Channelpedia

PubMed 17135419


Referenced in Channelpedia wiki pages of: none

Automatically associated channels: cacna2d2



Title: The ducky(2J) mutation in Cacna2d2 results in reduced spontaneous Purkinje cell activity and altered gene expression.

Authors: Roberta Donato, Karen M Page, Dietlind Koch, Manuela Nieto-Rostro, Isabelle Foucault, Anthony Davies, Tonia Wilkinson, Michele Rees, Frances A Edwards, Annette C Dolphin

Journal, date & volume: J. Neurosci., 2006 Nov 29 , 26, 12576-86

PubMed link: http://www.ncbi.nlm.nih.gov/pubmed/17135419


Abstract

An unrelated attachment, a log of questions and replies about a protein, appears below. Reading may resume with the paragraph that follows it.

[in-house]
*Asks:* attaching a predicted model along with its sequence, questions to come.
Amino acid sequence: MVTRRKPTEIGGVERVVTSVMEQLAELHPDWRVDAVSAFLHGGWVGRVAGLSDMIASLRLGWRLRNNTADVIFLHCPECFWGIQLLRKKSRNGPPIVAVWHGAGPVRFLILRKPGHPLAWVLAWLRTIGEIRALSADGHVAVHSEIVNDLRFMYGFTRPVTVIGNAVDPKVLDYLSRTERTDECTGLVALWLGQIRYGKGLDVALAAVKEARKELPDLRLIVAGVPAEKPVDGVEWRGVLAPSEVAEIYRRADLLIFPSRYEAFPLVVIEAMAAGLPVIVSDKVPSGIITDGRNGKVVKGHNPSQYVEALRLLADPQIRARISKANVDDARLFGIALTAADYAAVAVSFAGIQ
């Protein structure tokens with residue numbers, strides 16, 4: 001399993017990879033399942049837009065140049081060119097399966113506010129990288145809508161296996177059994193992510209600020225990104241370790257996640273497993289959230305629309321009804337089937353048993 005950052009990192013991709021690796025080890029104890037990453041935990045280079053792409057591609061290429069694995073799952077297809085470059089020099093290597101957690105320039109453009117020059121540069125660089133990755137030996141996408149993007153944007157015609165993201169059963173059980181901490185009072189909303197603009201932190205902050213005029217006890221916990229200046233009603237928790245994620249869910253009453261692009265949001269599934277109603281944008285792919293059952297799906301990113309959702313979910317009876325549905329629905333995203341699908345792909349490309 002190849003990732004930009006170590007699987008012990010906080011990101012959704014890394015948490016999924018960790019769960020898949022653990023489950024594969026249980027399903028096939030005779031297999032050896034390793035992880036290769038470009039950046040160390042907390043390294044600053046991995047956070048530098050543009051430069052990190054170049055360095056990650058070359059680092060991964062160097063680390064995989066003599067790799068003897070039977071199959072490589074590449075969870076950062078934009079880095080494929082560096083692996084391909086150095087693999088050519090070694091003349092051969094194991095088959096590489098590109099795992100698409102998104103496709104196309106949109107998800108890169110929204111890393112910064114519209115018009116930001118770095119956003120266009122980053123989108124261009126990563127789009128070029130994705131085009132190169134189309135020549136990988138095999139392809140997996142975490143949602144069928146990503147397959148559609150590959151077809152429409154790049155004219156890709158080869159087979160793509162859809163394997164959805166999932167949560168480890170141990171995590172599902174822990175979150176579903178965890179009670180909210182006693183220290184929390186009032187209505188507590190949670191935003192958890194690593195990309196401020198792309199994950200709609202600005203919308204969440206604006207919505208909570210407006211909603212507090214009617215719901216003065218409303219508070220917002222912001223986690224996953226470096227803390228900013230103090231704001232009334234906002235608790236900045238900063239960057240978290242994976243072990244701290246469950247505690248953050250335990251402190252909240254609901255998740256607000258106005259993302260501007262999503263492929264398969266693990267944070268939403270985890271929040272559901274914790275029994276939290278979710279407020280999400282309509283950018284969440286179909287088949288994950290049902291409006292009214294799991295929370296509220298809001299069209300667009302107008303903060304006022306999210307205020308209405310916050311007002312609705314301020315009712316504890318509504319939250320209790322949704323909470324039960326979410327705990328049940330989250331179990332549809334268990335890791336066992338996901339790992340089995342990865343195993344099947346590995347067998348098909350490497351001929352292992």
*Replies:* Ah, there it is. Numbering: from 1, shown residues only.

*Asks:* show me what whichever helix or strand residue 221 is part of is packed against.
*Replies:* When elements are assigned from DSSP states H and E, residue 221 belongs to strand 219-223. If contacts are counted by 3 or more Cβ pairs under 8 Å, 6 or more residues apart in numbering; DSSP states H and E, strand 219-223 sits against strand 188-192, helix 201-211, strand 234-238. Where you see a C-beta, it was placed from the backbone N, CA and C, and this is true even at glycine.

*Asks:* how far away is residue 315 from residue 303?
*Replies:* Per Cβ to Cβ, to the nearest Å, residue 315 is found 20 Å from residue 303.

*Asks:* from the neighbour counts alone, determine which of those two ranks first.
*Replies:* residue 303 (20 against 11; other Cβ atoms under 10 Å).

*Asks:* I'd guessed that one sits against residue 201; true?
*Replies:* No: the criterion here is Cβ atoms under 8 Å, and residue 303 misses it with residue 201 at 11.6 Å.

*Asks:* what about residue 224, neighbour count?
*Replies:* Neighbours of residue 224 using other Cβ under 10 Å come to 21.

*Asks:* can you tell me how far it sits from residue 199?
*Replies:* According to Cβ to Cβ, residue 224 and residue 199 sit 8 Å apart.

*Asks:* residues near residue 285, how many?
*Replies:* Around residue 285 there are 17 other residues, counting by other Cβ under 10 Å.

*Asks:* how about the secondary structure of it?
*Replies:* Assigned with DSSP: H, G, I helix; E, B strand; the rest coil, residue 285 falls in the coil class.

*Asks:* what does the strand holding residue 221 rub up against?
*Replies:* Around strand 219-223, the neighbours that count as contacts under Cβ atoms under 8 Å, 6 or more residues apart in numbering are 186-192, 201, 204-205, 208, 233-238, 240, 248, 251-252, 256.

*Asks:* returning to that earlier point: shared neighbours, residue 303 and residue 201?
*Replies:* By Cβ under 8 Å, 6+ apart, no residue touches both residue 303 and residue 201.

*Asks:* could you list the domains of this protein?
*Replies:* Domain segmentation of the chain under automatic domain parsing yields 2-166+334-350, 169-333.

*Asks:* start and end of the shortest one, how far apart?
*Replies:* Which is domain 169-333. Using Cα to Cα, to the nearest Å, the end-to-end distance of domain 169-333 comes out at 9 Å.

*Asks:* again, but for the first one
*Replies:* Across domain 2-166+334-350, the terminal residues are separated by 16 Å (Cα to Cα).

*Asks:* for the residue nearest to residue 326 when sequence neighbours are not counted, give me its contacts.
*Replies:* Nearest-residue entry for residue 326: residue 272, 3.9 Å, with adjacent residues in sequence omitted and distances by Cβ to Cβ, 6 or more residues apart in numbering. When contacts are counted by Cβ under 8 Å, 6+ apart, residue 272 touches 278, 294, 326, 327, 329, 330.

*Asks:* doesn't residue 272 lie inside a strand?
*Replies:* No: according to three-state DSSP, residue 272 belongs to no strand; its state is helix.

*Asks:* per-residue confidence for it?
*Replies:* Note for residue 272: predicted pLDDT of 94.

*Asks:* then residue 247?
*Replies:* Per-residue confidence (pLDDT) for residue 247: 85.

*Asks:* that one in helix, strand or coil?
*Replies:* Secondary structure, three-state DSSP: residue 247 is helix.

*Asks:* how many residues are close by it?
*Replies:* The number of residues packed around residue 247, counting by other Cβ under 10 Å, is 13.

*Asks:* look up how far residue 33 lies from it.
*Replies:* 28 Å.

The mouse mutant ducky and its allele ducky(2J) represent a model for absence epilepsy characterized by spike-wave seizures and cerebellar ataxia. These mice have mutations in Cacna2d2, which encodes the alpha2delta-2 calcium channel subunit. Of relevance to the ataxic phenotype, alpha2delta-2 mRNA is strongly expressed in cerebellar Purkinje cells (PCs). The Cacna2d2(du2J) mutation results in a 2 bp deletion in the coding region and a complete loss of alpha2delta-2 protein. Here we show that du(2J)/du(2J) mice have a 30% reduction in somatic calcium current and a marked fall in the spontaneous PC firing rate at 22 degrees C, accompanied by a decrease in firing regularity, which is not affected by blocking synaptic input to PCs. At 34 degrees C, du(2J)/du(2J) PCs show no spontaneous intrinsic activity. Du(2J)/du(2J) mice also have alterations in the cerebellar expression of several genes related to PC function. At postnatal day 21, there is an elevation of tyrosine hydroxylase mRNA and a reduction in tenascin-C gene expression. Although du(2J)/+ mice have a marked reduction in alpha2delta-2 protein, they show no fall in PC somatic calcium currents or increase in cerebellar tyrosine hydroxylase gene expression. However, du(2J)/+ PCs do exhibit a significant reduction in firing rate, correlating with the reduction in alpha2delta-2. A hypothesis for future study is that effects on gene expression occur as a result of a reduction in somatic calcium currents, whereas effects on PC firing occur as a long-term result of loss of alpha2delta-2 and/or a reduction in calcium currents and calcium-dependent processes in regions other than the soma.